This Prison Drug Smuggler Savagely Beat, Pepper-Sprayed Corrections Officer
A prison drug smuggler who savagely beat and pepper-sprayed a corrections officer gets to stay behind bars for another nine years.
On Tuesday, Aug. 2, in Abingdon, Virginia, Senior US District Judge James P. Jones sentenced Michael Aaron Selvidge to 110 months in prison for smuggling contraband narcotics into US Penitentiary Lee in 2019, plus 41 months for assaulting the correctional officer six months ago at the Western Virginia Regional Jail in Salem.
The sentences will run concurrently. Selvidge, 38, had faced up to 55 years in a federal penitentiary if he’d received maximum consecutive sentences for all of his recent crimes.
Selvidge inked a pair of plea deals with federal prosecutors in late 2021 and early 2022 that led to authorities tossing one drug distribution charge.
His attorney did not respond to messages seeking comment.
Since his first conviction as a 12-year-old boy for shoplifting, Selvidge has compiled a long and increasingly violent rap sheet, including a six-year stretch for possession of a firearm by a felon.
He was serving that sentence at US Penitentiary Lee when he got nabbed on Aug. 31, 2019, taking delivery of Buprenorphine strips from a visitor. That triggered Selvidge’s drug charges.
On Jan. 16, 2022, Selvidge was awaiting trial for the narcotics case at Western Virginia Regional Jail. Corrections Officer Curtis Canzone was making his rounds, saw Selvidge, and then ordered him to return to his cell.
But the inmate threatened the guard and then began pummeling him with his fists.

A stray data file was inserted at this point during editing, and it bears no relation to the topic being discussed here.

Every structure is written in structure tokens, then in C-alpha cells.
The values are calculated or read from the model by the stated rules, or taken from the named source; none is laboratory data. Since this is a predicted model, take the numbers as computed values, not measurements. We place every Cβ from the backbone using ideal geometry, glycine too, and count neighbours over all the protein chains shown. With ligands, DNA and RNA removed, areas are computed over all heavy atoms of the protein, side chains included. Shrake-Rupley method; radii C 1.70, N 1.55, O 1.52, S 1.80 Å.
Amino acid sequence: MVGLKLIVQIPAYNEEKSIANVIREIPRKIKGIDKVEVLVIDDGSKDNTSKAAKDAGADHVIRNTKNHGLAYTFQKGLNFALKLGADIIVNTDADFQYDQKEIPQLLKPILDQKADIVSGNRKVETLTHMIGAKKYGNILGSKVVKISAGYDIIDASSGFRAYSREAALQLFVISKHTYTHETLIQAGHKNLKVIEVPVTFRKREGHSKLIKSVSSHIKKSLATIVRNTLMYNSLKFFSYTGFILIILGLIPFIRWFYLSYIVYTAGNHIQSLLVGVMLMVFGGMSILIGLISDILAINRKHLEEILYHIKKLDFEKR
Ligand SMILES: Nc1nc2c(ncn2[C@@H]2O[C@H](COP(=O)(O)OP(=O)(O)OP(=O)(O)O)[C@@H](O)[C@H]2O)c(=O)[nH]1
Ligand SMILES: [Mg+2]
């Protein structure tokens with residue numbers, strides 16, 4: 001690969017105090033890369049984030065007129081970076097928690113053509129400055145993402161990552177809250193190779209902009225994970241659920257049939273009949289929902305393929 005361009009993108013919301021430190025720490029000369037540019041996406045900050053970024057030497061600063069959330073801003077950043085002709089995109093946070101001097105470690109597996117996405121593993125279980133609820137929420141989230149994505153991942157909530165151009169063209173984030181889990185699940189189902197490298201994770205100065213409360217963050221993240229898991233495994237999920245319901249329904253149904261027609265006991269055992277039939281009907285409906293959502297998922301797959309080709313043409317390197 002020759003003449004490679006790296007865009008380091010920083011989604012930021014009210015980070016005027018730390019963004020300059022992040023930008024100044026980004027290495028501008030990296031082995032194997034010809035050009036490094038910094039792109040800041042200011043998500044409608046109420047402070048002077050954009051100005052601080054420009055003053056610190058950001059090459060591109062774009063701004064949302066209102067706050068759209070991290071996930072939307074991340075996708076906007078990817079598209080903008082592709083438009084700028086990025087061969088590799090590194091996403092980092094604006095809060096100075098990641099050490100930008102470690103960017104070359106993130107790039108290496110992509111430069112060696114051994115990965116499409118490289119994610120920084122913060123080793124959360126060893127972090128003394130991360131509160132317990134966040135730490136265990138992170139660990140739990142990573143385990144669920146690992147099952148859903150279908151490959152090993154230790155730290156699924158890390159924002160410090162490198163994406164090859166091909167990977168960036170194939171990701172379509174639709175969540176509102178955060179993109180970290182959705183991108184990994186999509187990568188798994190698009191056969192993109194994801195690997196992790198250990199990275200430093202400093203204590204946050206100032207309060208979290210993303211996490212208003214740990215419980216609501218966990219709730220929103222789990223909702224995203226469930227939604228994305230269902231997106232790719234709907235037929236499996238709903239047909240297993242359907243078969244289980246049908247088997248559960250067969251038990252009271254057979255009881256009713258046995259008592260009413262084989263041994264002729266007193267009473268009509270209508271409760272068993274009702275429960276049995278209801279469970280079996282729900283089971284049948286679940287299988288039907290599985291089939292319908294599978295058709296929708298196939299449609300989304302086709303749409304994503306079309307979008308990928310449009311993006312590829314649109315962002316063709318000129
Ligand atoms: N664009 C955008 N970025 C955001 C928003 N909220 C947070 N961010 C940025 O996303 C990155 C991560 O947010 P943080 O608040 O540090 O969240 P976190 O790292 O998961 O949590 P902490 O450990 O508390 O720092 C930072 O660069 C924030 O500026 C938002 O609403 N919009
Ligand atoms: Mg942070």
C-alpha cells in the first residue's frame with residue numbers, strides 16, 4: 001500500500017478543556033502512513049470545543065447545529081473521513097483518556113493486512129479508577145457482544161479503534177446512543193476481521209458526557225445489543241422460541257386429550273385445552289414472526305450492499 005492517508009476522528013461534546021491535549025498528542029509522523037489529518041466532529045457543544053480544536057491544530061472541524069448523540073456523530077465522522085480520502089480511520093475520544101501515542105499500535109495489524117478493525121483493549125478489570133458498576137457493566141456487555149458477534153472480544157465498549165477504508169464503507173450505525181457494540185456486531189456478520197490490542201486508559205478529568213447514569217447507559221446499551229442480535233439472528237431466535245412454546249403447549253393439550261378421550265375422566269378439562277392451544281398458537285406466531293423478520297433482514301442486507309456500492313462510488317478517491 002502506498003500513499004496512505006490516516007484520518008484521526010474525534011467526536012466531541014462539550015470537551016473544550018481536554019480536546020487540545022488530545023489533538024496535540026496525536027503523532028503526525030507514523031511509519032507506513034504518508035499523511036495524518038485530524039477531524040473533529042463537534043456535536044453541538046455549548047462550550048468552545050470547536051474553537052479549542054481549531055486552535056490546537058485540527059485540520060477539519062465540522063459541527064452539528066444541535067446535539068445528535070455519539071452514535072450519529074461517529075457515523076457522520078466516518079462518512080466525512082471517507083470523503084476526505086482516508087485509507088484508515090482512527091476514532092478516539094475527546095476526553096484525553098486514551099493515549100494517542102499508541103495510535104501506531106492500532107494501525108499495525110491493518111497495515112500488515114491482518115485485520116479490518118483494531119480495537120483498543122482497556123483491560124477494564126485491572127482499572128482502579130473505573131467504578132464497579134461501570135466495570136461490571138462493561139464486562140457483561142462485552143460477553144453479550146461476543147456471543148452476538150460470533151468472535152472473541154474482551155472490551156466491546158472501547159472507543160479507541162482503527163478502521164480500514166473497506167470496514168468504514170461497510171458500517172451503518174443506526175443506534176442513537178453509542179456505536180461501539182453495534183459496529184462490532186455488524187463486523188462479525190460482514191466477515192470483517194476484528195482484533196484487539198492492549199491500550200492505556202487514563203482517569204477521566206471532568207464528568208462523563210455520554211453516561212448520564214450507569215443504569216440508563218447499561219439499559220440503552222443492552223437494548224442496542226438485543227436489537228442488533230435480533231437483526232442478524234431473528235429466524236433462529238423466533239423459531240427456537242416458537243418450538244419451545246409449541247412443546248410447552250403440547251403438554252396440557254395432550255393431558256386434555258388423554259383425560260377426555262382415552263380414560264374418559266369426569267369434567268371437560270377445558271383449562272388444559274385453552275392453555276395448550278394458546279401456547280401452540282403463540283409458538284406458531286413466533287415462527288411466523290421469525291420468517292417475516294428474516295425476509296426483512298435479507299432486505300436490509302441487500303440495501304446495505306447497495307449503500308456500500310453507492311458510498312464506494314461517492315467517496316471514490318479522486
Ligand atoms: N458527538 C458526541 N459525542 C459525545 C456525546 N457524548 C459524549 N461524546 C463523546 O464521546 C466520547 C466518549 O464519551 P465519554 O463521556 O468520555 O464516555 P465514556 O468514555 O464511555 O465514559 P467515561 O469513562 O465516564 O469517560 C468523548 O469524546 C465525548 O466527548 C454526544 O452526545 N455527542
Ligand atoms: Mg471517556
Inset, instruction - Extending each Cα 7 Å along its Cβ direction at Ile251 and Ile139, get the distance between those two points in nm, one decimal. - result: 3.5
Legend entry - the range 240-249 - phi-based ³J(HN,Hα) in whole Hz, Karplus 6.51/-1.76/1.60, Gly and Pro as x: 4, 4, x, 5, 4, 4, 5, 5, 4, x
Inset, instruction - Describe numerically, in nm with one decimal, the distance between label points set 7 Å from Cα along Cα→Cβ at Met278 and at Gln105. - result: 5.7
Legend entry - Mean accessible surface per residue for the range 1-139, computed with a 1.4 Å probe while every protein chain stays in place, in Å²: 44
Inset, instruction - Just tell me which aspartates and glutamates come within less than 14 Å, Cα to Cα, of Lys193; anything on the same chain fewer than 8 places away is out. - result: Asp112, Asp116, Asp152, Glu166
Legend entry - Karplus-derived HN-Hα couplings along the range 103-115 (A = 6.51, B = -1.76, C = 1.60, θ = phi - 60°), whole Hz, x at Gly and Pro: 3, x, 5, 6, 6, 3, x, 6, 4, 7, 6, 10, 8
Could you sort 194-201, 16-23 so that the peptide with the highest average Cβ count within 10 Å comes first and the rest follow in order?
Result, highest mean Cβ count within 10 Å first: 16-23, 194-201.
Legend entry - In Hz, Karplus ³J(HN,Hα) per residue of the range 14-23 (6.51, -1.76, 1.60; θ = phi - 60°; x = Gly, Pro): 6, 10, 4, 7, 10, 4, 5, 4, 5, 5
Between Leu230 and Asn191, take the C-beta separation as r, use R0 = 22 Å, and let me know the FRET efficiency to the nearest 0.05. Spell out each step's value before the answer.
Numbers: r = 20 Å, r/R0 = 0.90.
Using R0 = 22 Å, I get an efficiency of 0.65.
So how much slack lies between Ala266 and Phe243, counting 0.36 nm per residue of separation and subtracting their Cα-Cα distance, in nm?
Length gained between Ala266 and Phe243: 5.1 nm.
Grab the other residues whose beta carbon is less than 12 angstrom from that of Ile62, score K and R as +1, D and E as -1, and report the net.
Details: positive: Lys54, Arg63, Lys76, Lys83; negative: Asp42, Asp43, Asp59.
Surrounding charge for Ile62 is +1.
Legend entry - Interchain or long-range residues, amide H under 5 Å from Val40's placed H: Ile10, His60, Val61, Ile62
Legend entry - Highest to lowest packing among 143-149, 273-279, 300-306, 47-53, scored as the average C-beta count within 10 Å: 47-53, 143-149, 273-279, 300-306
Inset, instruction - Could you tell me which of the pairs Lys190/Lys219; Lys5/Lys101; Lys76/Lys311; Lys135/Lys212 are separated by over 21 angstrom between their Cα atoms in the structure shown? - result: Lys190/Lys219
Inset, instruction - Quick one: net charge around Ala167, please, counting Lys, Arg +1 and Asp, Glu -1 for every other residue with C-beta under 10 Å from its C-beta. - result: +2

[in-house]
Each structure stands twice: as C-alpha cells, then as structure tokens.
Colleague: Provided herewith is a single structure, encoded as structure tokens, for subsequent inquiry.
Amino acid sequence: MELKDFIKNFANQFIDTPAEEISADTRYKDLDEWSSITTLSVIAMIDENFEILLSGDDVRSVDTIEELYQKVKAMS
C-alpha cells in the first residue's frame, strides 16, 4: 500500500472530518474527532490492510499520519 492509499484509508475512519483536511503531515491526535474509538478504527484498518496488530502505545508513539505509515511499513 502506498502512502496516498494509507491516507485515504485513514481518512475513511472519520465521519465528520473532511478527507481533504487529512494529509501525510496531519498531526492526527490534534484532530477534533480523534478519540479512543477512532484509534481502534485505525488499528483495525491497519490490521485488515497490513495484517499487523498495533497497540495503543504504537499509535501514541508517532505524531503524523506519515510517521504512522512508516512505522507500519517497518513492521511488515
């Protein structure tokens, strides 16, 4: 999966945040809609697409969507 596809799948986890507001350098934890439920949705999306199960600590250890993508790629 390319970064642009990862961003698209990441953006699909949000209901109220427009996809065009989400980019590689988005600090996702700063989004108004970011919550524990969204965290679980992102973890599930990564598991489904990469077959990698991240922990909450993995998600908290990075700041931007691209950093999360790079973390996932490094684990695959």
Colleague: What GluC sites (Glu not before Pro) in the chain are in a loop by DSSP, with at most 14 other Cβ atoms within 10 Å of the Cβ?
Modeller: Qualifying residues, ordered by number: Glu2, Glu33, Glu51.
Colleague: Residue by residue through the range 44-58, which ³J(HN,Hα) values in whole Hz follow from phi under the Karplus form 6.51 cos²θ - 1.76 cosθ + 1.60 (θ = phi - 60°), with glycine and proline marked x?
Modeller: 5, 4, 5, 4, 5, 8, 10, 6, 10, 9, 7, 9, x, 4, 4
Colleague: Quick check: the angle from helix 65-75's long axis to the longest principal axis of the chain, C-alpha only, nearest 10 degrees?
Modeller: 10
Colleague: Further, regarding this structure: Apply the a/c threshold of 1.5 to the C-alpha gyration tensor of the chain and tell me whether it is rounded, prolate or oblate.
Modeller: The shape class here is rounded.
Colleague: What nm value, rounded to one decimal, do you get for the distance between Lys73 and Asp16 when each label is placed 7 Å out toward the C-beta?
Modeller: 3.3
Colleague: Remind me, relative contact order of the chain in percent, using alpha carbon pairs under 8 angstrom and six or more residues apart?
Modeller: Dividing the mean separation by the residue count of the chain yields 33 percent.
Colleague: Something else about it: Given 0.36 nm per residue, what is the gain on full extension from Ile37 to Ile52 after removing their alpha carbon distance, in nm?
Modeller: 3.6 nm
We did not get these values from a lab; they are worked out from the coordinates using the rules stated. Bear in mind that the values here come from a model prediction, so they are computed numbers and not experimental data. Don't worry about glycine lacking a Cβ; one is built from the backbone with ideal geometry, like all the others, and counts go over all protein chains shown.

Canzone tried to repel Selvidge with his canister of pepper spray but dropped it on the floor. Selvidge pounced on it and emptied the container on the corrections officer’s face and body.
Then he hurled the spent canister at the guard.
“Every day I treat every inmate the same, as a human being because it is not my job to judge them for the actions that got them here,” Canzone wrote in a letter to the judge. “But on this day things will be forever different.
“Throughout my career I have always tried to be reasonable with inmates, not too harsh but not too lenient. But on this day things were very different,” he continued. “I resorted to all of my training to resolve whatever issue inmate [Selvidge] had going on. It failed. I gave simple and clear instructions, and it failed. I didn’t resort to threaten this inmate, the way my life was threatened. I even tried to leave the situation, so that it would not resort to violence. Despite all of my efforts to do so, I was met with violence for reasons I still do not know to this day.
“On this day I was forever scarred. However, despite inmate [Selvidge’s] efforts to put me down, I am still, and will continue, to be a correctional officer. I will learn more, get through this ordeal, and I will continue on. I always try to remember, ‘What doesn’t kill you only makes you stronger.’”
Like his rap sheet, Selvidge’s list of prison infractions leading up assaulting a corrections officer was lengthy and violent.
Between 2016 and 2020, he lost visitation, commissary, and phone privileges — or was thrown into Special Housing Units — for numerous incidents, including possessing and smuggling narcotics; using torn fabric as a prison “fishing line” to move contraband to lower cells; hiding a 5-inch metal bolt from his crutches; fighting; and assault.